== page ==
NAFTA prospects through the lens of Mexico

Silently, deadlines linger.

It’s handled in hypothesis, Tony Payan cautioned, but as July’s Mexican presidential election inches closer, the more complicated renegotiations for the North American Free Trade Agreement could become.

Payan, director of the Mexico Center at Rice University’s Baker Institute, is not alone. And the question now is whether the July 1 election will prompt the Trump administration and its NAFTA negotiators to adopt a sense of urgency.

“Should be,” U.S. Rep. Henry Cuellar, D-Laredo, said. “But it doesn’t seem like they are.”

With regard to the agreement that helped transform the Rio Grande Valley economy, NAFTA renegotiation talks have, at least publicly, progressed slowly recently. In November, Canada, Mexico and the United States seemed to come from the fifth round of negotiations in Mexico City with little optimism. This past week, an “intersessional” round of talks took place in Washington, which did not include top trade officials from the three countries. The next round is scheduled for Montreal in January.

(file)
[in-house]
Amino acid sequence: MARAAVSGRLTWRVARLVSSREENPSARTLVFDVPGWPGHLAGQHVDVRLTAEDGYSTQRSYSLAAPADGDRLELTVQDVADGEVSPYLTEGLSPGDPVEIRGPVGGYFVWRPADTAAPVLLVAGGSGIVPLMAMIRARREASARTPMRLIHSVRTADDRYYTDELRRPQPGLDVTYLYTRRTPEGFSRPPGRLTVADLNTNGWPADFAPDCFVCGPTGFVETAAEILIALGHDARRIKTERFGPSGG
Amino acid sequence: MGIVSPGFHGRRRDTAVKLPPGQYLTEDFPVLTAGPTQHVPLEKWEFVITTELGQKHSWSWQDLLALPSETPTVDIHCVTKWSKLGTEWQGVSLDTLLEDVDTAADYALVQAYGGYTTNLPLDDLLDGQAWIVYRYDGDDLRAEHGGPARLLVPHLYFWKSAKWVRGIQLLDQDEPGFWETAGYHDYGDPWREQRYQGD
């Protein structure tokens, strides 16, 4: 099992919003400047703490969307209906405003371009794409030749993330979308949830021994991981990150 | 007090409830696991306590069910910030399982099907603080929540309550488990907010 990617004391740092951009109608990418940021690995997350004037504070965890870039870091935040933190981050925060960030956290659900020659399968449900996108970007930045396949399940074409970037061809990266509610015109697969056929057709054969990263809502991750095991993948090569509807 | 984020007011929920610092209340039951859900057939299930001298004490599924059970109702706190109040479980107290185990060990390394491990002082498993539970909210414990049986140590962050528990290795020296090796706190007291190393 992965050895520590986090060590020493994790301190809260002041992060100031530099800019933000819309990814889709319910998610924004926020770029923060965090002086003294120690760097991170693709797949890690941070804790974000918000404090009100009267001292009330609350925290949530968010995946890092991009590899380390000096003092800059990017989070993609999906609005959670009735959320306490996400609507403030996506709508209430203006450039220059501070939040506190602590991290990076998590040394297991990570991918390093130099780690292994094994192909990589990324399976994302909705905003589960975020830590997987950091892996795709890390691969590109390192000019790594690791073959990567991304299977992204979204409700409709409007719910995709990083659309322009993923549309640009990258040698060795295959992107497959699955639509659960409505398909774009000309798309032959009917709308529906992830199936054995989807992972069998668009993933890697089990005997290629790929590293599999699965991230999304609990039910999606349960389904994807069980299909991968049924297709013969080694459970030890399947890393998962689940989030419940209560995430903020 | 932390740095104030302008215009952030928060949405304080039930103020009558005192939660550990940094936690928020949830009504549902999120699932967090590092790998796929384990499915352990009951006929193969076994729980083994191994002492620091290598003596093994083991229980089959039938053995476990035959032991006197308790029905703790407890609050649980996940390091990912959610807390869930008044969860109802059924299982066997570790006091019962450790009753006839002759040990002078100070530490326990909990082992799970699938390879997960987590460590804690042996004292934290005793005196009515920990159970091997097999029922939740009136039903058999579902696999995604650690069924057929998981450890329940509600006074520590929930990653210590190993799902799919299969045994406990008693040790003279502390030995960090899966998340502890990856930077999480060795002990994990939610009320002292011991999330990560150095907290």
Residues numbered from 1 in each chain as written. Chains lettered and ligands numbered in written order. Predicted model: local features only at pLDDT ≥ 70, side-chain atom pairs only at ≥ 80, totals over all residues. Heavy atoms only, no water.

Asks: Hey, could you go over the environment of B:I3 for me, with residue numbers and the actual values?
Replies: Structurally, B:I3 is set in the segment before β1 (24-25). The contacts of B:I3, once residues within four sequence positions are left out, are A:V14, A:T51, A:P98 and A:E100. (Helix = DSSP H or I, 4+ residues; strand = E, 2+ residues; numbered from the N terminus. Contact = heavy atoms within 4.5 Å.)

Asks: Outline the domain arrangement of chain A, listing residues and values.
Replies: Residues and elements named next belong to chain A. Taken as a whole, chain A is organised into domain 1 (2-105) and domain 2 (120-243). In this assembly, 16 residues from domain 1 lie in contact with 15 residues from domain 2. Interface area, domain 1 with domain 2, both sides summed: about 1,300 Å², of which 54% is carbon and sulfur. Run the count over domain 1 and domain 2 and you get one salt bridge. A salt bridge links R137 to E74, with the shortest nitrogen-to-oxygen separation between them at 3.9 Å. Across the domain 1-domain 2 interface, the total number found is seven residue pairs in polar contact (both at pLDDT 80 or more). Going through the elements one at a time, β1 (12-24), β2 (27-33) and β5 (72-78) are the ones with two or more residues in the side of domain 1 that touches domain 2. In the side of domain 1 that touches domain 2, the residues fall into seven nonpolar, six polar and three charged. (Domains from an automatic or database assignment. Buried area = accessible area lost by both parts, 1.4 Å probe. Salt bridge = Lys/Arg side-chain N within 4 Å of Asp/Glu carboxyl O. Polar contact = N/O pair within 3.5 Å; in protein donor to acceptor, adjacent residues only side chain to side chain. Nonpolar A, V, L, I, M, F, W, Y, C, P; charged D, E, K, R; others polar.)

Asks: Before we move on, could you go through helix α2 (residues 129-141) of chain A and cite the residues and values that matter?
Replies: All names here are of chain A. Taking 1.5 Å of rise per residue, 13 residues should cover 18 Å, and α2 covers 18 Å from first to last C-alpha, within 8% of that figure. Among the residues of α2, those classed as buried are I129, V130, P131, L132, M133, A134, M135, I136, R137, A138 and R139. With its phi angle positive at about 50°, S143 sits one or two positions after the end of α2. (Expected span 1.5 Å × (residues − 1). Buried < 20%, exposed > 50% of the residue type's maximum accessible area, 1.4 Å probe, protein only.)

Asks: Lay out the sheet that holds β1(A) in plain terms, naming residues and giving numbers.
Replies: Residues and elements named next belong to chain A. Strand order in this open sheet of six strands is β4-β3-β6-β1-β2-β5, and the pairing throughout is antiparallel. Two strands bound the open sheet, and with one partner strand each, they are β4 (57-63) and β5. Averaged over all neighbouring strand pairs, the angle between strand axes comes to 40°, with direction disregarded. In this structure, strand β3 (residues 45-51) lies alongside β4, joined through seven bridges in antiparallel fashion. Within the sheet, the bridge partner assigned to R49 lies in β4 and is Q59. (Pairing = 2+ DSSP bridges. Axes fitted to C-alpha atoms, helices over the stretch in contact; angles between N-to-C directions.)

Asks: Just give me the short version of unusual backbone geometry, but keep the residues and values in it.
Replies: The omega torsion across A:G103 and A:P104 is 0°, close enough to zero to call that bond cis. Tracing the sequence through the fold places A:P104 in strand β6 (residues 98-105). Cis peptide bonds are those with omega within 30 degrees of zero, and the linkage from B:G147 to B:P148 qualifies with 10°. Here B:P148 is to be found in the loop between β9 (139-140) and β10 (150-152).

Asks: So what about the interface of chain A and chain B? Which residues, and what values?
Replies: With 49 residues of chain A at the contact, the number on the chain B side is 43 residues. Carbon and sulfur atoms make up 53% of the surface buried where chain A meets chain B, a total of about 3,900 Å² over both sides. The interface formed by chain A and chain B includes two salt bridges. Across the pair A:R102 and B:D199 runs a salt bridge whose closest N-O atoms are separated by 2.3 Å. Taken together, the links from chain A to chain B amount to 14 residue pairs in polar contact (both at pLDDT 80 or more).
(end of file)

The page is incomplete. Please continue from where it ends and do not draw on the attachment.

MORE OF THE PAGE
As the Montreal session should prove pivotal, a growing group is urging the administration to honor its initial promise of “do no harm” to the trilateral, two-decade-old treaty.